It is here suggested that what each sees in the chalked
paper and what Leonardo saw in the stained wall are
largely the product of the unconscious mind. Leonardo
used these fantastic images as material for his con-
scious mind to work upon ; the unconscious mind
of the born artist, when he is in the mood, leads
him to see in any blurred and homogeneous mass visions
of grandeur and beauty, of terror and grace, which
do not linger, but fuse into each other. 2 The object
presented to consciousness forms a basis or substratum
upon which the unconscious moulds or weaves these
We may notice a continuous gradation of visual unages
in which the part played by the object looked at grows
1 " Leonardo da Vinci's Note-books," edited by Edward McCurdy,
1906, p. 173.
* Cf. the paintings of the cubists, vorticista, etc. See " Cubism,"
by Gleizea and Metzinger (Fisher Unwin, 1913), especially p. 83.
AUTOMATIC SPEECH 7
less while the part supplied by the unconscious fantasy
increases. The child beguiles a dull sermon by gazing
at the mysterious figures which lurk in the veining of
the marble pulpit ; William Blake, the visionary artist,
saw imaginary portrait-heads before him and copied
them on to paper j 1 the spiritualistic medium draws
" separate and well-conceived forms " without knowing
what he is drawing, it may be in the dark. A well-
known medium, David Duguid, who produced drawings
in this way, on one occasion reproduced certain illustra-
tions to a family Bible recently published and seen by
him. The unconscious plagiarism was brought home
to him by a threatened legal action. 2
As with visual images, so with speech, oral or written ;
we may trace the increasing preponderance of the un-
conscious contribution along a similar course. Auto-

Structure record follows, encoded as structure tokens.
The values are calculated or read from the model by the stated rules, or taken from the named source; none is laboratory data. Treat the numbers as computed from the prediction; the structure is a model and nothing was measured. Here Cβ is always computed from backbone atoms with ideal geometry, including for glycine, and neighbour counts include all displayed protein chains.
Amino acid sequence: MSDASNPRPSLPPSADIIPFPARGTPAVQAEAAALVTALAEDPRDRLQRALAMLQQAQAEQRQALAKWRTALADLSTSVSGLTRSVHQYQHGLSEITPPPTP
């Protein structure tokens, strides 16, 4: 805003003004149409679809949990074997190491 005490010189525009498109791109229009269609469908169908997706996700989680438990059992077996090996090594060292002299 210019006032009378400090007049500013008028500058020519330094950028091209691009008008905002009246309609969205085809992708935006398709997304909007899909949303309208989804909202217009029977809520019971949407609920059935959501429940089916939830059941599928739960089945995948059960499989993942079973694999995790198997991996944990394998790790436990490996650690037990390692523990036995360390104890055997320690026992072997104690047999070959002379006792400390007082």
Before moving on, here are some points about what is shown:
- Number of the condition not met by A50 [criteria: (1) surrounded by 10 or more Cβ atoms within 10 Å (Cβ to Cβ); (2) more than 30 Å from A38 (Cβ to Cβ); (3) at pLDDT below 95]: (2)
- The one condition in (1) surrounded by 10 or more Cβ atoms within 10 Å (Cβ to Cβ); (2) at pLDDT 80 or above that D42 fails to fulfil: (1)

matic drawing, we have seen, is sometimes done in the
dark, the executant not knowing what his pencil is
producing. Similarly, in speech from the unconscious,
one may produce words and phrases and even a long
discourse without knowing what one is saying. Speech
of this kind, proceeding from levels of the mind which
remain unconscious, is uttered by people in their sleep,
in delirium, while coming-to after an anaesthetic and when
intoxicated whether with drugs or emotion, in short,
when the speaker is beside, beyond or beneath himself.
Here the unconscious has it all its own way, but slighter
indications of its activity are to be noticed in everyday
life whenever we blurt out things we did not intend to
say, make slips of the tongue or are bothered with words
or phrases that run in the head.
The examples so far given enable us to recognise
a distinction between the so-called conscious and un-
conscious spheres of the mind. Each exhibits the
same material, but treated differently. That material
1 " Wm. Blake," p. 420.
* See " Direct Phenomena of Spiritualism," by E. T. Bennett, p. 30.
" The Shilling Library of Psychical Literature and Enquiry," No. IV.
is supplied by external objects presented to the senses,
facts of experience, along with their corresponding
memories. The individual, who for the time being is
living in the unconscious, reacts to sensations and ideas
spontaneously, automatically, instinctively, without
knowing what he is doing ; his perceptions and mental
images have little correspondence with objective facts,
but close correspondence with his subjective feelings.
When he is conscious his perceptions have a closer
correspondence with objective facts, he knows more or
less clearly what he is doing and he brings his actions
under the control of the will.
The distinction between the two spheres is sometimes
strikingly shown in the course of recovering consciousness
after an anaesthetic. A psycho-analytic patient described
such an experience as follows : "At first I found myself
talking and I was merely an observer, listening to what
I was saying, and rather shocked at some of the things I
heard. Then I tried to take control of my speech, at